* Posts by Jusme

104 publicly visible posts • joined 18 Dec 2007


Bad eIDAS: Europe ready to intercept, spy on your encrypted HTTPS connections


Re: Never understood certs

> Oh wow. How does that work? Surely forcepoint doesn't have the root certs for all certs? How can it replace all certs in one swoop so all https connections from a company PC are compromised?

They (my employer, the company that owns the kit) installs their own CA by group policy (these devices are locked down tighter than a gnats chuff). All https connections are intercepted by the Forcepoint proxy, which generates and presents a server certificate for the site being accessed. The client (browser) sees this as valid, as it's signed by an installed CA, and makes the HTTP request. The Forcepoint proxy checks the request against its naughty list, and if ok, makes the request out to the real site. The response passes back through the Forcepoint proxy, which scans it for naughty words and naked aardvarks, and if you're lucky, passes it back to the client (browser).

I think they bypass this for some know sites like the big banks, presumably to avoid liability if anyting goes wrong, but I wouldn't use the work kit for anything like that anyway (which is fine by them).


Re: Never understood certs

> In the second situation your connection is encrypted, and only readable by that specific website. No way for anyone else to listen in.

Except that isn't true. It only needs *one* of the many CAs to have leaked, or allow, their root cert or an intermediary to be used by a person with interest and they can m-i-t-m *any* site by issuing their own cert for it, on the fly. Heck, that process is standard practice in corporate environments (the certificate for every site I visit on our corporate kit is signed bt Forcepoint). At this point https is pure security theatre.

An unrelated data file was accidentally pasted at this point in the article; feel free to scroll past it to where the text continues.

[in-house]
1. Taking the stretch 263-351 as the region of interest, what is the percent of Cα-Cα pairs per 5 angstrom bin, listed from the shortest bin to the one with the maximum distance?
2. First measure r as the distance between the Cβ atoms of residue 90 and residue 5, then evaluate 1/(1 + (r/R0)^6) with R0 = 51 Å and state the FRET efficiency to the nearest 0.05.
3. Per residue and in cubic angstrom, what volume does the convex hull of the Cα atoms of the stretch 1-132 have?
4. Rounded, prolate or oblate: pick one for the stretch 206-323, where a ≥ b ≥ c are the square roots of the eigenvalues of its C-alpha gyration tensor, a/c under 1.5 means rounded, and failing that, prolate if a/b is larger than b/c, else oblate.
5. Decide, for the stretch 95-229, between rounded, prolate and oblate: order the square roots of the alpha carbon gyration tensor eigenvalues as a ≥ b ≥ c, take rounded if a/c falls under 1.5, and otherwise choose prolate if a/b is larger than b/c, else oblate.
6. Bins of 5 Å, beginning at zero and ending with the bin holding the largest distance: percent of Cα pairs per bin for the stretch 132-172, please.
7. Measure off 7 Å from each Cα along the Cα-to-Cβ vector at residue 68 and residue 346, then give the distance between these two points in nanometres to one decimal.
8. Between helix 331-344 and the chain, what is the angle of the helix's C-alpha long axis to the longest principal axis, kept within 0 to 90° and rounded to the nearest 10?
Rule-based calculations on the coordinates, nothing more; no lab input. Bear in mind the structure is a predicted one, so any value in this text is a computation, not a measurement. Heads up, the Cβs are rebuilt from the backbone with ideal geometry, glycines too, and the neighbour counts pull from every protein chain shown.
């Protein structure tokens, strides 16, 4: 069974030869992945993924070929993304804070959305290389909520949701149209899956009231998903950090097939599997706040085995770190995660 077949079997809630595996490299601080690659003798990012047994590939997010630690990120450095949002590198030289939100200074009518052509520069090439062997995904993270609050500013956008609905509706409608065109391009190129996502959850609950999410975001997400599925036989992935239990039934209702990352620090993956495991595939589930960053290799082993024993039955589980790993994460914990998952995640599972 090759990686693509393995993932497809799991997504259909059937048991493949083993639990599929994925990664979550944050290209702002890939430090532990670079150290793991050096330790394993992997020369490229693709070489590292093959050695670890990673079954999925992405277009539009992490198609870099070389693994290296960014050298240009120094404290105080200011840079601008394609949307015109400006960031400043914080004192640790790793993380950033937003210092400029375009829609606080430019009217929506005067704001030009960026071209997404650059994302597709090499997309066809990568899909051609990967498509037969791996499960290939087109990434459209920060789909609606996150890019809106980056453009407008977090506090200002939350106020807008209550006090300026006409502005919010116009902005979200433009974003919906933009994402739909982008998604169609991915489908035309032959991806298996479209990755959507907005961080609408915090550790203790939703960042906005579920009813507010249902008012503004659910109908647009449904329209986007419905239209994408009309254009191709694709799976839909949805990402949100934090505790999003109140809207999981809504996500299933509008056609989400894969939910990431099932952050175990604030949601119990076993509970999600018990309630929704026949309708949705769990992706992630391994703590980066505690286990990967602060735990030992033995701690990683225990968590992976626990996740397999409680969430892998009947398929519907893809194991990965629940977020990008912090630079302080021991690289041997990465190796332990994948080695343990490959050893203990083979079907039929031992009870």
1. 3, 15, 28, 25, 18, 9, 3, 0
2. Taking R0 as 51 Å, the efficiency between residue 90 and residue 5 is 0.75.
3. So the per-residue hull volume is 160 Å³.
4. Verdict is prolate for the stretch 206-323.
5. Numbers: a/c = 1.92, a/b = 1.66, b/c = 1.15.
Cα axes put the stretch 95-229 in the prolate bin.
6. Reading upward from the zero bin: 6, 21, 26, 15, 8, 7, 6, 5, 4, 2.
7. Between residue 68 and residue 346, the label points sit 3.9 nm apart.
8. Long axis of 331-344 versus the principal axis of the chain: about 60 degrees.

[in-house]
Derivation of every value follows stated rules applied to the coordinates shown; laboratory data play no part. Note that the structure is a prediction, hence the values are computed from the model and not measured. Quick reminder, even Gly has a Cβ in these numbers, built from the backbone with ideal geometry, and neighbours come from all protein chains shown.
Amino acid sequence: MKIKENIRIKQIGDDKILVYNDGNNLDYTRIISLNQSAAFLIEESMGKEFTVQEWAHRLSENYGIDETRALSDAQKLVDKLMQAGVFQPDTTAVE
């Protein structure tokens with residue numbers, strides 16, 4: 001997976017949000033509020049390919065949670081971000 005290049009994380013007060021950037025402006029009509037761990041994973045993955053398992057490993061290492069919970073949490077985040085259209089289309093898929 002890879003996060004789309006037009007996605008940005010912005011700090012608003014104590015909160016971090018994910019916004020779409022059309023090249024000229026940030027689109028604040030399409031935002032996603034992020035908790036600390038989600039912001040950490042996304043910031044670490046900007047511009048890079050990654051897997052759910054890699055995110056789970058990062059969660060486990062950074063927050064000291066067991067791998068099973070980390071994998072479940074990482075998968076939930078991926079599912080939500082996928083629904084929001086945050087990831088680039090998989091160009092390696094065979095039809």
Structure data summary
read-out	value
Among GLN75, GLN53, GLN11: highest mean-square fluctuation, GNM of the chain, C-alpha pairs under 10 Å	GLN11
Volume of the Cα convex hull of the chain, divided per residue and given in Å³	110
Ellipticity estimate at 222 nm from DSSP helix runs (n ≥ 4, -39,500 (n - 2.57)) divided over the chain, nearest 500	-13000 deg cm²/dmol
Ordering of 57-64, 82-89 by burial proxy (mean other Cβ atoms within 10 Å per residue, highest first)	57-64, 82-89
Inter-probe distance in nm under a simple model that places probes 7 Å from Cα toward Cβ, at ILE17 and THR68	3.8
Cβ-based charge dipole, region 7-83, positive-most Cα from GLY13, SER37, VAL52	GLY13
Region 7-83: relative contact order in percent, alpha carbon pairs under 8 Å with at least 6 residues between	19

(Sorry, that's not an elephant, really...)


> Have they considered that anything the "good guys" get on Monday, the "bad guys" get hold of by Friday?

The Friday before, that is...

Privacy advocate challenges YouTube's ad blocking detection scripts under EU law


Re: I've always been curious...

> This, or real-time (or faster) video encoding for every targeted advert they insert into the playback stream, which is computationally expensive, and thus expensive in terms of hardware and power usage in a data centre.

Too many years ago, a "friend" signed up with a usenet provider that specialised in binary newsgroups, possibly easynews. I was quite impressed that they generated zipfiles of the selected, er, "articles", on the fly as you downloaded them. Back then I thought that was computationally expensive. I don't have a problem believing that real-time splicing of a pre-encoded, but dynamically selected, ad bitstream into an outgoing video stream would be too big an ask, and that allows tailoring right down to the individual.

> I suspect the ads would exactly have to match a "gap" in source video to avoid having to re-encode the next chunk of that (until the next video 3 minutes later).

The odd time I've been unfortunate enough to witness ads on Twitch (which makes it doubly unfortunate), they didn't seem to mind splatting them over the stream regardless of the content.


I've always been curious...

I've always been curious why the ads aren't burned in to the video stream on YT. The technology to do this certainly exits, and they would be unblockable and unskippable, so the reason must be commercial.

Don't get me wrong, I'm not suggesting this as a solution (and it's fairly likely someone at YT has thought of it already...), and if they ever did implement it my YT hours would drop from negligible to nil. Maybe that's the reason - there is nonzero value to the borg in having me watch the occasional Big Clive or Photonic Induction video, and nonzero x 10^100 buys a lot of yachts...

GNOME Foundation's new executive director sparks witch hunt